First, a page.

Making Money Without Having a Job

There are many ways to make money, today, and whilst once upon a time we were dependent on a standard job, working 9-5, thanks to the internet and modern technology in addition to a shift in the way we perceive work, more and more people are working remotely and/or on a freelance basis with a preference toward side hustles, entrepreneurship and passive income over the daily grind of working a standard 9-5 job.

The remote working lifestyle has many advantages, yet one of the challenges can be coming up with ways to make money in the first place.

Here are six ways to make money without having a conventional job.


The great thing with starting a blog is that it costs very little money to get into, and in terms of the technology powering the blog most things today are as simple as “drag and drop”.  That said, just because you have a blog doesn’t mean you are going to make money – it’s all about how you leverage the blog as a platform to generate cash.

Think about it this way, the thing that makes a blog an asset are not the words written on the page or the fancy memes – it’s the visitor engagement – and this is essentially what you are selling when it comes to making money from your blog.  For instance, advertisers are not paying you because you have a blog, they are paying to be seen by your blog’s visitors.

One of the best ways to make money from a blog is to engage in something known as affiliate marketing, this is where you essentially recommend a product to your readers and in return, the person or company that gets a sale as a result of your recommendation compensates you with a referral commission.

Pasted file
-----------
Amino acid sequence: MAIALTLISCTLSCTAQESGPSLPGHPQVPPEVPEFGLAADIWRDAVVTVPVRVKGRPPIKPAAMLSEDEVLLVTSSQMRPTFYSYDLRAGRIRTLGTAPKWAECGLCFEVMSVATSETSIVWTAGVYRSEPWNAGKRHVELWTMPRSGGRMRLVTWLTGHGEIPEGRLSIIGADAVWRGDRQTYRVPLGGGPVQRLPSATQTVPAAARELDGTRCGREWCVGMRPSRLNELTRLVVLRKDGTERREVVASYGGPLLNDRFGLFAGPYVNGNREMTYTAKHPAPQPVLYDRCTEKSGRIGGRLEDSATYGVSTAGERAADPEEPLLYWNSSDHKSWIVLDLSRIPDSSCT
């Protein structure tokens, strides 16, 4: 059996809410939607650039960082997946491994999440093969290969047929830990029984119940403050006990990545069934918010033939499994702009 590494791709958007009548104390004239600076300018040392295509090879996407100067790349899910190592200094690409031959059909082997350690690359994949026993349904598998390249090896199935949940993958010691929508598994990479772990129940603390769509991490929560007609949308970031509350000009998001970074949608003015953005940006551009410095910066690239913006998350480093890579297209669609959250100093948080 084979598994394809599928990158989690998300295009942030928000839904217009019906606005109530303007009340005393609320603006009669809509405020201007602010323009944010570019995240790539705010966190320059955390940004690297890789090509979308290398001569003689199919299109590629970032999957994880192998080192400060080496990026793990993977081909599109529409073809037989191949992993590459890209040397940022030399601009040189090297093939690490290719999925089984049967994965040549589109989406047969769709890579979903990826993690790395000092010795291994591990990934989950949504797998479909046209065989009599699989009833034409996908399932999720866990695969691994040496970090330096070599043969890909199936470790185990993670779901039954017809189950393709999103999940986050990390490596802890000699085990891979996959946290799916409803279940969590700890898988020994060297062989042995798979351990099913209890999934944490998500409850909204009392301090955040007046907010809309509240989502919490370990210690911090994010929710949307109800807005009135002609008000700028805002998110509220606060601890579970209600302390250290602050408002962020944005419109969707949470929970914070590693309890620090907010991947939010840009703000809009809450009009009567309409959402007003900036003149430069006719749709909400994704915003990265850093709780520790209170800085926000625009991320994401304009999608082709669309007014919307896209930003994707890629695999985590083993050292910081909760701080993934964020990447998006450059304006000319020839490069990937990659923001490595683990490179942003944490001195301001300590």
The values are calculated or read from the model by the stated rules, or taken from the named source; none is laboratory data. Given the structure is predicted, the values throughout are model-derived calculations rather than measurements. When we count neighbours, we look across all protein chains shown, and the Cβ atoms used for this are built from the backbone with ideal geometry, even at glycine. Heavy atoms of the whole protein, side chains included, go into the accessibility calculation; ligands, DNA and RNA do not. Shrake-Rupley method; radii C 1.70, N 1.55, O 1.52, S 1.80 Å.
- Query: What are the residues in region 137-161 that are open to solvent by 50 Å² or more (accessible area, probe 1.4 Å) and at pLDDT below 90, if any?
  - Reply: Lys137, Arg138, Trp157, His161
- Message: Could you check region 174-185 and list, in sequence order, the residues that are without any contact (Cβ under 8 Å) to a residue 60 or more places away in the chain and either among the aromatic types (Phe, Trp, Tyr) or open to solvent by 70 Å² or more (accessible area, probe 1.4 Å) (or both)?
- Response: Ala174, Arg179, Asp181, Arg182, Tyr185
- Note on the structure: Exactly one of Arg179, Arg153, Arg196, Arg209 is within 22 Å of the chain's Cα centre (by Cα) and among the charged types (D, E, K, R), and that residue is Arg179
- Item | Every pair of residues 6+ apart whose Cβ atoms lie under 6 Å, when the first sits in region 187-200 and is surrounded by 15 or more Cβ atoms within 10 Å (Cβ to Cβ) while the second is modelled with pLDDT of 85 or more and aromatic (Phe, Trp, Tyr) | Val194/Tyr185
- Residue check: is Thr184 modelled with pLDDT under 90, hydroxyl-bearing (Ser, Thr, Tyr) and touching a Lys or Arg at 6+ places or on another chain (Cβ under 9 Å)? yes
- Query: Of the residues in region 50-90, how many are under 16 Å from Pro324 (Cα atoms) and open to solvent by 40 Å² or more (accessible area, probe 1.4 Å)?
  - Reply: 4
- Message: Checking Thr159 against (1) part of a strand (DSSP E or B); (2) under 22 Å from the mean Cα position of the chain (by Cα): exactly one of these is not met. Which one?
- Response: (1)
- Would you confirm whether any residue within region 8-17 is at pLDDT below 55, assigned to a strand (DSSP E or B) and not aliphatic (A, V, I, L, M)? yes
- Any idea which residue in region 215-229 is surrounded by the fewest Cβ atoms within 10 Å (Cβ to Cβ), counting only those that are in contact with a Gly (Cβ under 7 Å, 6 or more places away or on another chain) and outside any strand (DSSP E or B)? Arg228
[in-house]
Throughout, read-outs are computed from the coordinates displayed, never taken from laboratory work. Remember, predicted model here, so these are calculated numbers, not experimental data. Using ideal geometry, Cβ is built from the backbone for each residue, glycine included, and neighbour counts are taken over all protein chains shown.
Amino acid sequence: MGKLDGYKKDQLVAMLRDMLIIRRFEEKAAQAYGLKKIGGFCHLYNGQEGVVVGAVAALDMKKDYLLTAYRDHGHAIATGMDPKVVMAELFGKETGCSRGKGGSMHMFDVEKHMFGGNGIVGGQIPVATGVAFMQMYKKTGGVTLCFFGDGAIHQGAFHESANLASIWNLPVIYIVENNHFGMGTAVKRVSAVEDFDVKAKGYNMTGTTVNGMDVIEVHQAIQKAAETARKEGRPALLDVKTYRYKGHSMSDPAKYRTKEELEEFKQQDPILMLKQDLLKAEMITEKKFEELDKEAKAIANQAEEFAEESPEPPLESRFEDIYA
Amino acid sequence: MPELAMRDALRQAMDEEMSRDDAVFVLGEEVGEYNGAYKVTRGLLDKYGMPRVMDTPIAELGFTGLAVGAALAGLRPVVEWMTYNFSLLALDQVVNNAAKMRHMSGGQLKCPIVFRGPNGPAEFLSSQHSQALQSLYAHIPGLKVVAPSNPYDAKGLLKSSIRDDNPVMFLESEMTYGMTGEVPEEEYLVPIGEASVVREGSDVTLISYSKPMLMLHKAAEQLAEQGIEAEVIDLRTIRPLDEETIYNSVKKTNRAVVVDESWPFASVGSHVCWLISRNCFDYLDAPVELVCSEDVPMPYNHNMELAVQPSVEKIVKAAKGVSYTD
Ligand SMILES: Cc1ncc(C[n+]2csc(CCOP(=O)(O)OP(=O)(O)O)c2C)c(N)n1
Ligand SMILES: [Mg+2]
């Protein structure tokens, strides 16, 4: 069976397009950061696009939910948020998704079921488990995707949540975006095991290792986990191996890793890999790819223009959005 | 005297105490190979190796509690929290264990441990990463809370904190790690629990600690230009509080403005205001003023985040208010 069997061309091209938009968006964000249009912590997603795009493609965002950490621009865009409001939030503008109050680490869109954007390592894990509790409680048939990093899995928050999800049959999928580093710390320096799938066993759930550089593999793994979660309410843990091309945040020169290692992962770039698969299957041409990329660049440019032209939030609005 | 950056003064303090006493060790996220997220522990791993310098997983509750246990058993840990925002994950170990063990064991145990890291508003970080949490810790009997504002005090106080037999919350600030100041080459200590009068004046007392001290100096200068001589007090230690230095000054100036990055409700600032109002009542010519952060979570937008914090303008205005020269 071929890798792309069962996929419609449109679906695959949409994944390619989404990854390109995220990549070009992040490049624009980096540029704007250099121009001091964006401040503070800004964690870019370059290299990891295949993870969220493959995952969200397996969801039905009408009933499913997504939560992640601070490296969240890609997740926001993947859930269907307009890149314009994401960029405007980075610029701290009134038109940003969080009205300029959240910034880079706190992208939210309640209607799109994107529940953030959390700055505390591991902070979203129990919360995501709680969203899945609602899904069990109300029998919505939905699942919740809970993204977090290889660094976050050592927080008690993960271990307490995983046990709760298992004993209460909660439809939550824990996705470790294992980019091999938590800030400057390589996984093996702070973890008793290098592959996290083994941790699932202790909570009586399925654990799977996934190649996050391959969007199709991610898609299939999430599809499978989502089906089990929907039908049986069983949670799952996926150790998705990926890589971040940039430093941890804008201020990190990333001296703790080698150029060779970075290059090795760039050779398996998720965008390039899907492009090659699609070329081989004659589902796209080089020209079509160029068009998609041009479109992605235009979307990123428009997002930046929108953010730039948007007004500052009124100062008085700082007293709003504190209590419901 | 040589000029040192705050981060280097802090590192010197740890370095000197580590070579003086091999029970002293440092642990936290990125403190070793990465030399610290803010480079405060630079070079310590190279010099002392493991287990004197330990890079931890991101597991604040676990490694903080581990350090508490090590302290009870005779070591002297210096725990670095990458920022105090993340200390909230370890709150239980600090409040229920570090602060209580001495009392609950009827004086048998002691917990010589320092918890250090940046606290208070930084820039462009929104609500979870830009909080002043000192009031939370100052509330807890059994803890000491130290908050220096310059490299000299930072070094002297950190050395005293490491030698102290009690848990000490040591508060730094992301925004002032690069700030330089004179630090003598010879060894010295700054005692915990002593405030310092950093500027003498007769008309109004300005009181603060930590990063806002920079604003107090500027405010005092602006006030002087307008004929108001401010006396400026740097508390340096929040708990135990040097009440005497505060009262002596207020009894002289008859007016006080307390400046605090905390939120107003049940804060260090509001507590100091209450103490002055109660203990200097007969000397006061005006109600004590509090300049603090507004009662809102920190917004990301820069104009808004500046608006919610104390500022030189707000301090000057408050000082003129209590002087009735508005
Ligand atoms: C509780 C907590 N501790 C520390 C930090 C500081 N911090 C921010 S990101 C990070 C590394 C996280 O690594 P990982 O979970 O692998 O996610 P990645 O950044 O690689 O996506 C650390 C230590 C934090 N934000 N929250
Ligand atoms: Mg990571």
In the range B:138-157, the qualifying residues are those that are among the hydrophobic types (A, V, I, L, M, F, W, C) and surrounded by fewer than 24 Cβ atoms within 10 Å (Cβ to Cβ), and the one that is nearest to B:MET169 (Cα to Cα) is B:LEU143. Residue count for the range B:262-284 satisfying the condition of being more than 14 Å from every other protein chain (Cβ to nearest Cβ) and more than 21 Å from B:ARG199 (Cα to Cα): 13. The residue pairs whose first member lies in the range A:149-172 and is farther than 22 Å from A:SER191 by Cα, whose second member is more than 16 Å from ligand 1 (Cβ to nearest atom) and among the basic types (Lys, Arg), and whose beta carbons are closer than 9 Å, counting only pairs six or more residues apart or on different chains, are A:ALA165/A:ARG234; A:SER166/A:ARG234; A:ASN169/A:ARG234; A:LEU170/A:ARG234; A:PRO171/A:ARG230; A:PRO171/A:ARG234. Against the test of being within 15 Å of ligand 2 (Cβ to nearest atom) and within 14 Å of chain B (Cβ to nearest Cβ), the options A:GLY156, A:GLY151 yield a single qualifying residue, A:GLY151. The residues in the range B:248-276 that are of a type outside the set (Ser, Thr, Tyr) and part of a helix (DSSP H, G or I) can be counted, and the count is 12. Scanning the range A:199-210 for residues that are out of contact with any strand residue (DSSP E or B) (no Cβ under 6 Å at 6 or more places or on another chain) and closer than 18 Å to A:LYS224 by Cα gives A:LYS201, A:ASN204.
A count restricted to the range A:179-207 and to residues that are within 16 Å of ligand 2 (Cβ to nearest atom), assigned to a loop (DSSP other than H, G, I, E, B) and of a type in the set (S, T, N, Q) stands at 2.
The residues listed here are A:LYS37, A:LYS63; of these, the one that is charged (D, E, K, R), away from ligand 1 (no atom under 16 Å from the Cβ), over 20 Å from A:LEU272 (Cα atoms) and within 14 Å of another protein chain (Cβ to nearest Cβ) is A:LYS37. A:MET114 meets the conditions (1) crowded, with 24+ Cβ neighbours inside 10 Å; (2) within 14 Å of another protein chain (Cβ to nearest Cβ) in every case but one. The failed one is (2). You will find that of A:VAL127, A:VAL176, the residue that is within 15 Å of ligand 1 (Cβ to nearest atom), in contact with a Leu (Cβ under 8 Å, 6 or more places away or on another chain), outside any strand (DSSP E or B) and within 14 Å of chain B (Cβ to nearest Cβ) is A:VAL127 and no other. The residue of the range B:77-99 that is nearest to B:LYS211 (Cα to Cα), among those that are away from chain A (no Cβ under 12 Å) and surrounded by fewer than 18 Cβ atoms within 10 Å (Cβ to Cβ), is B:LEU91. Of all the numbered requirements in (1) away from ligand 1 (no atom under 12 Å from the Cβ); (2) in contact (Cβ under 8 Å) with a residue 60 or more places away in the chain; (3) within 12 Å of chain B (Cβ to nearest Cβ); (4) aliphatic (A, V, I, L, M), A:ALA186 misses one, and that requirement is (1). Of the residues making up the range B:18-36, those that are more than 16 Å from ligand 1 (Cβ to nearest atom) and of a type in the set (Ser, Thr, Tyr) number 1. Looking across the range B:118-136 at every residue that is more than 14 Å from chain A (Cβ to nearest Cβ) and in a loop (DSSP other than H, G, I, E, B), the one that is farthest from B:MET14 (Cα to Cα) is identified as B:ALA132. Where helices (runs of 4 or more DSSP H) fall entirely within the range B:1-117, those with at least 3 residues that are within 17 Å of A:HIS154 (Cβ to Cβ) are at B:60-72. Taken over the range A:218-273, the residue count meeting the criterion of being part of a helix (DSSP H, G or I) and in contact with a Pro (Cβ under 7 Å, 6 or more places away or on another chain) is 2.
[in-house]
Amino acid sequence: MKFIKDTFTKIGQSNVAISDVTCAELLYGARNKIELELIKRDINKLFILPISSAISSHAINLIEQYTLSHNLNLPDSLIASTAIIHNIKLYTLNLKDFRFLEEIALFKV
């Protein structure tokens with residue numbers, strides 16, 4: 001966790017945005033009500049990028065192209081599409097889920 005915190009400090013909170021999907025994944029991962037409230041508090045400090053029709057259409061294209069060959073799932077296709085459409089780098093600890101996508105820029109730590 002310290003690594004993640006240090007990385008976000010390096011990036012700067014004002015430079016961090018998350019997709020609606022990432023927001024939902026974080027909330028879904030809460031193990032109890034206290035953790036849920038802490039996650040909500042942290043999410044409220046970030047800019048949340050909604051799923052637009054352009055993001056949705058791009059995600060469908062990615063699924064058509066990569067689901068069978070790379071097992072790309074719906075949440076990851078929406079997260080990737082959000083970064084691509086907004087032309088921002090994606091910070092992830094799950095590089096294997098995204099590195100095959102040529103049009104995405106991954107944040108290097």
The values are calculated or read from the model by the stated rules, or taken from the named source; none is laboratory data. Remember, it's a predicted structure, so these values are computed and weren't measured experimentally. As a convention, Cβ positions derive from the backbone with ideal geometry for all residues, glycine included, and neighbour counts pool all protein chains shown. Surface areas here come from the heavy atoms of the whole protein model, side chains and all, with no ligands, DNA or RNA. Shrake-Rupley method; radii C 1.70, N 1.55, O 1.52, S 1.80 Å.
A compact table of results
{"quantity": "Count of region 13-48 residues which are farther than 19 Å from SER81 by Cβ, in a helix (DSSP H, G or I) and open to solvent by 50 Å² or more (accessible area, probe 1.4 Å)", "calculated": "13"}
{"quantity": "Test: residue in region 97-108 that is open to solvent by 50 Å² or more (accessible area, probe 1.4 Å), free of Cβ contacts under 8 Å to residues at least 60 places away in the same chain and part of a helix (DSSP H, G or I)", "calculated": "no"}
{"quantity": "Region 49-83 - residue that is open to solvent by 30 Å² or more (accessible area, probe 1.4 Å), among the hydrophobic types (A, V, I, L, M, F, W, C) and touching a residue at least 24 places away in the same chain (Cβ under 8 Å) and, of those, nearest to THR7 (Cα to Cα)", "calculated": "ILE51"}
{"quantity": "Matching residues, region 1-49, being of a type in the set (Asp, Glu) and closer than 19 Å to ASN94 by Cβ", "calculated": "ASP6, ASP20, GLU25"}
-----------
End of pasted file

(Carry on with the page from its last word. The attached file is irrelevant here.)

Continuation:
Sometimes this can be for less than $1 if the item you are recommending is of reasonably low value, such as a book on Amazon, whereas if you were promoting a luxury holiday or expensive event, then the commission you receive can be for several hundred dollars.  The best thing about this, is you’re not actively using up your time in order to make this money, it’s not like you are having to go out and trying to sell people on something – you’re simply making a recommendation, providing a link, and if a person clicks that link and goes on to buy the product, then you make a referral commission.

The other thing you can do, to make more money, is to create an online course that you can sell on your blog – this way, once the course is created (which might take several days or weeks) you have an asset you can leverage multiple times.  Let’s say you sell your course for $100, and each week, you sell 5 courses, minus the payment provider fee of 5% you are making 95% profit on this, which would be $475 a week – in passive income.


If you’re interested in retiring early, then property investing is one of the most viable ways to achieve this goal.  Whether you buy a new property in some faraway land or a do-upper just down the street, there’s vast potential to make money by investing in property; particularly if you rent it out, meaning you get rental income in the short term and capital appreciation in the long term.

The challenge, however, with property investing is that unlike setting up a blog that requires very little in the way of capital investment, properties are expensive and you kind of need money to make money – so whilst this is perhaps one of the most lucrative and stable opportunities that does lead to financial freedom for many people, it’s not necessarily accessible for everyone.